I have heard the argument many times. “Having a licence is a privilege, not a right”.
And I have the answer to that statement. Not having a driver licence has become major barrier for people seeking employment, with 70% of jobs requiring a Driver’s Licence – even when the job does not involve driving.
Some people only need to find the actual Learner Licence Fee, however for many in our community the average cost of gaining a learner licence is $231.35, if you take into account the cost of the road code book, purchasing a birth certificate because your family may not have a copy, and attending a theory preparation course if you require extra support to understand the road code (or English is your second language, you have a learning disability or you lack confidence).
Further to this, illegal driving is endemic and normalised in New Zealand irrespective of location, socio-economic status and ethnic group, with 84% of young people reporting they breach the terms of their Learner or Restricted Licence. 70,000 – 90,000 young people face major barriers to obtaining a full licence, and for many this is due to the cost of preparing for, and sitting the licence tests.
Consider the barriers many people have to getting a Learner Licence
- Do they understand the licensing process?
- Can they read and speak English well?
- Can they fill out the DL1 Application Form?
- Do they have the required I.D.? (18+ card, birth certificate or passport) Owning a copy of your birth certificate often relies on whether your family has kept it safe throughout your childhood. For many people, not having an original copy of their birth certificate is the first barrier to getting their licence. Cost: $26.50
- Do they have proof of address? (Bank statement, utility bill or a letter from a government department)
- Can they afford to pay $25.95 for a copy of the 2018 road code book? (It would be great to be able to trawl the second hand book stores, or borrow an old copy from friends, however the LTSA update the road code frequently, and previous editions are often unusable)
- Do they have confidence in their ability to pass the test?
- Do they have access to the internet to practice the LTSA online tests?
- If they need support to pass the test can they afford to pay for a Learner Licence Theory Preparation course? WEST provide a six session course to support young people to pass the Learner Licence, from supporting them to understand the road code, to accompanying them to the testing venue, WEST are there to provide support throughout the process.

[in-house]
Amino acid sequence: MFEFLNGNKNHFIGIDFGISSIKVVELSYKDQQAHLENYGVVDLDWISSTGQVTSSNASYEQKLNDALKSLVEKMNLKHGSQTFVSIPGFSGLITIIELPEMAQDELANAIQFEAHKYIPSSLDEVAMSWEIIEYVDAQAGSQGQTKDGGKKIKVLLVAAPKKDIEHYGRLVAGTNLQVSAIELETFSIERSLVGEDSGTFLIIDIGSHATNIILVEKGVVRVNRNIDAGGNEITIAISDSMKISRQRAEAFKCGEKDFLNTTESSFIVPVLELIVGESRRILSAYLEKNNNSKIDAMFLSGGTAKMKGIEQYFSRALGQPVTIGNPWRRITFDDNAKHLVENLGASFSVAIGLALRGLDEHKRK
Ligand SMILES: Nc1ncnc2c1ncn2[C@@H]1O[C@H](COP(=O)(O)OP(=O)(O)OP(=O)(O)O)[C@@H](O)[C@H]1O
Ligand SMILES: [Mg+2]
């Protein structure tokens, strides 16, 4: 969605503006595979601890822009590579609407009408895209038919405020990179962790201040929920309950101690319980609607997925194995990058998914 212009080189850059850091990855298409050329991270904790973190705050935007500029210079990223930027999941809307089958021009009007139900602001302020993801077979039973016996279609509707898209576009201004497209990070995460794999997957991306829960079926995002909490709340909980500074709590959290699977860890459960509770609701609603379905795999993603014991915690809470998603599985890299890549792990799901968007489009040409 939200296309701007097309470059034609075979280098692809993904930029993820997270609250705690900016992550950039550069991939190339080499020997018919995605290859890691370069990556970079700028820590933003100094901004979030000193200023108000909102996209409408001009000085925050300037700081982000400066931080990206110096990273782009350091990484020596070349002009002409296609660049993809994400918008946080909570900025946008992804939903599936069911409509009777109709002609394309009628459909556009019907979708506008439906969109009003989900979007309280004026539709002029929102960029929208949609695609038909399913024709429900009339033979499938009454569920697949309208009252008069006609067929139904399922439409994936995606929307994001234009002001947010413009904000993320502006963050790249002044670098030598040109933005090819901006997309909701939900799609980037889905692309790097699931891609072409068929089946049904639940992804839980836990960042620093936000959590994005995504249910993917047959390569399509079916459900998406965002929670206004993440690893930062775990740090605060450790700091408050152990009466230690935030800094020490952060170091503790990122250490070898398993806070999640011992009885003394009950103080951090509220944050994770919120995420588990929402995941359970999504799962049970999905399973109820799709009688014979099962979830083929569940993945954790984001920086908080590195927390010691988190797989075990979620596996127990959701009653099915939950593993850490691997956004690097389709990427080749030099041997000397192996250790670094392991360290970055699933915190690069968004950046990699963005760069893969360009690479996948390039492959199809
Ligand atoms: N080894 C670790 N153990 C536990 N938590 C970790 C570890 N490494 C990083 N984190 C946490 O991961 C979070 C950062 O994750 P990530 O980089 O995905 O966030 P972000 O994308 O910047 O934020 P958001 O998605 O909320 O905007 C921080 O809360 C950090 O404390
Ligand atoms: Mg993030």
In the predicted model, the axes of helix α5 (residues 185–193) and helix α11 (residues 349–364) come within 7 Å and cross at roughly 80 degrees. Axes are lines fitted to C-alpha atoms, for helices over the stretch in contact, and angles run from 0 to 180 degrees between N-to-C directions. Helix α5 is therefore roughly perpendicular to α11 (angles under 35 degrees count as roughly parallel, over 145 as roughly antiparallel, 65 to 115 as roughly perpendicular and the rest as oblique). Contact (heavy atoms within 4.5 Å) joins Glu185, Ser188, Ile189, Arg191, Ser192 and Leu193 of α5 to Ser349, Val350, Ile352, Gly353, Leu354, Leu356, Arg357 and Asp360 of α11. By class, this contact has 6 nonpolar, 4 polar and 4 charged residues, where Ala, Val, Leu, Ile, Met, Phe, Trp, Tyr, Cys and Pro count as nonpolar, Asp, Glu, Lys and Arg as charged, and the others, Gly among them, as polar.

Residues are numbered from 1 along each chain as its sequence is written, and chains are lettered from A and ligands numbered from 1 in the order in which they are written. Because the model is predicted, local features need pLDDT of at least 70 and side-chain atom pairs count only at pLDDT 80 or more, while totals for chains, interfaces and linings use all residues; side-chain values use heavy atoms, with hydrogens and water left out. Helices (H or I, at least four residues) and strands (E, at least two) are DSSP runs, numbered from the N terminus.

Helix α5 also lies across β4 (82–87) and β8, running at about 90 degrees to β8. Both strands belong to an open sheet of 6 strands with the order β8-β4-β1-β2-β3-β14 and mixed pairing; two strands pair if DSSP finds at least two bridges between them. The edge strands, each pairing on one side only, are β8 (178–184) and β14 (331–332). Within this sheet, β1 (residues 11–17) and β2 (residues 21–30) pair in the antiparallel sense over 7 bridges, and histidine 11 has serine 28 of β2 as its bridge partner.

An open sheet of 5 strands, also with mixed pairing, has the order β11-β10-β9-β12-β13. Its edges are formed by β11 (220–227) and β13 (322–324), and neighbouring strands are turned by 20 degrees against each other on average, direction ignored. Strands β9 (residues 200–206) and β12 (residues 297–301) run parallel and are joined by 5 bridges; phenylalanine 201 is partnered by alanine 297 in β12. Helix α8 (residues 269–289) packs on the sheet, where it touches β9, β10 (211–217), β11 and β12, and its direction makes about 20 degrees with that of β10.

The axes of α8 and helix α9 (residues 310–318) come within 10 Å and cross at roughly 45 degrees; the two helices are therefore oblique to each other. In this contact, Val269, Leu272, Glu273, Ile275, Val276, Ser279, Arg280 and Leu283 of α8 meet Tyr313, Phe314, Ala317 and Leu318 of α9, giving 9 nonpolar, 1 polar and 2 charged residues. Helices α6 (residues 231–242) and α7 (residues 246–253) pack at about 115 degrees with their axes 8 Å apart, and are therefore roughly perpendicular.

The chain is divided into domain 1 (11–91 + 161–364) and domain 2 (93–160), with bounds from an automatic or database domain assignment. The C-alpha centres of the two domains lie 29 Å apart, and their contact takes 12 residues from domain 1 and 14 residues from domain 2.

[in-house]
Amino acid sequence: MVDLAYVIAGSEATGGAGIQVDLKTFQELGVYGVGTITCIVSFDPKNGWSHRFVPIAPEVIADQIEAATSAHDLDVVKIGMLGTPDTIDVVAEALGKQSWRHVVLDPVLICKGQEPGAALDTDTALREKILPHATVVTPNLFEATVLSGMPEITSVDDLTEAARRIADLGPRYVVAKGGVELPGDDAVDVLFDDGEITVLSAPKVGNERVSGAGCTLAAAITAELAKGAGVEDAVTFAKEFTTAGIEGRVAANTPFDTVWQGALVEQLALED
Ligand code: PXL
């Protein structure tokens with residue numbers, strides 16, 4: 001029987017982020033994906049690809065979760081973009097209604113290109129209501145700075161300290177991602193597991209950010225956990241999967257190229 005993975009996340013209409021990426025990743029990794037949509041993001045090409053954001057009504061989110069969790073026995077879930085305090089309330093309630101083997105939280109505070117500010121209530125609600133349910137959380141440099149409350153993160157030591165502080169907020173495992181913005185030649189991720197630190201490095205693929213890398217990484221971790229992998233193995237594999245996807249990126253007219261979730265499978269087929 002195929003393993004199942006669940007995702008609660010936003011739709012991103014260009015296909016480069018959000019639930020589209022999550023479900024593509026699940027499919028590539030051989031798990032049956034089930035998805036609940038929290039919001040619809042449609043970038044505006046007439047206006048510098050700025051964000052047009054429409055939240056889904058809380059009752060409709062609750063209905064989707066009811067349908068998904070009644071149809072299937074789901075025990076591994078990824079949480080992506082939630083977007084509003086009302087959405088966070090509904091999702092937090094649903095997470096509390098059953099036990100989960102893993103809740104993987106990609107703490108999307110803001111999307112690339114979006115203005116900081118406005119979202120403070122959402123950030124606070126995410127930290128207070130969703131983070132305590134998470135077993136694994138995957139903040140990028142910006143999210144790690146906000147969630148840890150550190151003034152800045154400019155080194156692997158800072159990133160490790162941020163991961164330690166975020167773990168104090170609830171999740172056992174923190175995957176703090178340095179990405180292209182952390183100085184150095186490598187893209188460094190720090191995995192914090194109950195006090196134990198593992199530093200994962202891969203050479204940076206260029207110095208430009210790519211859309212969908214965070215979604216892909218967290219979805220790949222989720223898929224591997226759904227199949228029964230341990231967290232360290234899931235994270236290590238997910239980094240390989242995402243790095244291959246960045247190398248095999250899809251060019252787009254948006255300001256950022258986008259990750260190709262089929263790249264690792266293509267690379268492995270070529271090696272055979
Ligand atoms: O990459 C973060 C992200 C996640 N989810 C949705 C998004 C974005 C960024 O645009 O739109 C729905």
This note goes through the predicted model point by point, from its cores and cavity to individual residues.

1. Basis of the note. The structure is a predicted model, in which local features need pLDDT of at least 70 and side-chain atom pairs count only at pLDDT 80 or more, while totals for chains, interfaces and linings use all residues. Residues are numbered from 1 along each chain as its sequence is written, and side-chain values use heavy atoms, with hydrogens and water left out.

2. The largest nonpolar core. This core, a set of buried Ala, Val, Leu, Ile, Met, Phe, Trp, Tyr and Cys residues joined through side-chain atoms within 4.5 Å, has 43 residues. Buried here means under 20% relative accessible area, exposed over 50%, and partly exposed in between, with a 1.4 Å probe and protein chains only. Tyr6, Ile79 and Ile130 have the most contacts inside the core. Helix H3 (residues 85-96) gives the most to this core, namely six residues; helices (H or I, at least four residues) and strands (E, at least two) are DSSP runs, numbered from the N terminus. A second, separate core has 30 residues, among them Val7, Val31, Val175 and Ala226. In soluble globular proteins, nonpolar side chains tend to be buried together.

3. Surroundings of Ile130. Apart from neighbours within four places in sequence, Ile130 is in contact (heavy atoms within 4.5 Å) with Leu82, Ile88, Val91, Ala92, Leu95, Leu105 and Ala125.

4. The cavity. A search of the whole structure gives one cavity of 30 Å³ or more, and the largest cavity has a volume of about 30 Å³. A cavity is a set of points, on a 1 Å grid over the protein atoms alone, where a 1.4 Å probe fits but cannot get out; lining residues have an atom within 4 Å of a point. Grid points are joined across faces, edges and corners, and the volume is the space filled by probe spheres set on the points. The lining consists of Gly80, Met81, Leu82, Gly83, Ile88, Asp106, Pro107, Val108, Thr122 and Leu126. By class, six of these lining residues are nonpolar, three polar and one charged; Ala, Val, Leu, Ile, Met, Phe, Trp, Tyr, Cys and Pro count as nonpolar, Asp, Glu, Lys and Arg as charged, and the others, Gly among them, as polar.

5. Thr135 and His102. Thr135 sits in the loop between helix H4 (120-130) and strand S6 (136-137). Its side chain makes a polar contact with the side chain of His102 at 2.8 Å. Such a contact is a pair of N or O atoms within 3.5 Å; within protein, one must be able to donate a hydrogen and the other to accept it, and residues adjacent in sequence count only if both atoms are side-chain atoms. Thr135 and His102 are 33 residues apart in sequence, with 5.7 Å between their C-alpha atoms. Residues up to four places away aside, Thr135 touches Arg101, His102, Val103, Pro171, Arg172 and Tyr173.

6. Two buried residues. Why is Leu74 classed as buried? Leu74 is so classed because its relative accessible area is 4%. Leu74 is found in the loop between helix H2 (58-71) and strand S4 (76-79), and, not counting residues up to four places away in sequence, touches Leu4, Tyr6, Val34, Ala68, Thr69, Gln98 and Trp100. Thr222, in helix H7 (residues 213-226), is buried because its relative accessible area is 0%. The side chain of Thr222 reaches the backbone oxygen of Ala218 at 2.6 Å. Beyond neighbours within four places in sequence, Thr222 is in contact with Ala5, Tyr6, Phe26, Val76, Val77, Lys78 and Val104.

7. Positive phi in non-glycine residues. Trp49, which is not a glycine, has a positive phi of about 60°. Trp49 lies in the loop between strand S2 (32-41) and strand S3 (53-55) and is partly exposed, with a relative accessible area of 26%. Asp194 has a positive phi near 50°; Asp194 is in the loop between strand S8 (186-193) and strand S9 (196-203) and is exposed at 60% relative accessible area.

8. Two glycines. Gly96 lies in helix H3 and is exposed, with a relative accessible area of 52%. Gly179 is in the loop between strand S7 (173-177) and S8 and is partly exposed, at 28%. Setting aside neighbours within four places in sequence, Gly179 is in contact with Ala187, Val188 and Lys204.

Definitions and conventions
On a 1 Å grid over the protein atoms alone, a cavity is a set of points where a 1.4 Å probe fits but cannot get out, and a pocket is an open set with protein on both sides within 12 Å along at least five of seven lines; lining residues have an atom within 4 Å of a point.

- Can they afford the Learner Licence test fee? The cost of the licence test fee is often prohibitive for people who are ready to sit their test. And we already know that achieving a driver licence and moving through the licence stages benefits people through increased employment opportunities, reduction in infringement fines, and improved road safety. Cost: $93.90
- Can they get to a testing station? At the conclusion of the course WEST take the group to the testing station and support them as they sit their test.
- If they don’t get 33 of the 35 questions correct can they afford the re-sit fee? (No matter how prepared someone might be, nerves, reading the question wrong, or a blank moment can all mean someone doesn’t achieve 33 out of 35 questions correct. Failing a licence test often impacts negatively on a person’s confidence, but it also means the person has just lost $93.90 and to add salt to the wound, they need to find a further $45.70 re-sit fee). Cost: $45.70 each re-sit
WEST is in the business of supporting West Aucklanders to obtain their driver licence and improve their economic outcomes, whether it be through a WEST driver education preparation course, supporting someone to obtain their I.D online, help with filling out the application forms, the use of the WEST Computer Hub computers to practice online tests (WEST pay for the online driver licence practice test subscription to access these online tests), or support to pay for the test fee or road code book.
A driver licence isn’t just about being able to drive legally, it’s about improving access to employment, improving road safety, reducing personal and household debt through infringement fines, reducing the number of people who are affected by loss of licence through demerit points (which often directly affects a person’s ability to get to work and retain their employment) … the list goes on.
WEST regularly applies to philanthropic funders for funding to run free Driver Educaiton Programmes in West Auckland. If you or someone you know has had difficulty obtaining their licence and benefitted from support we would appreciate a support letter so that we can show funders the benefit of providing Driver Education support programmes to the community.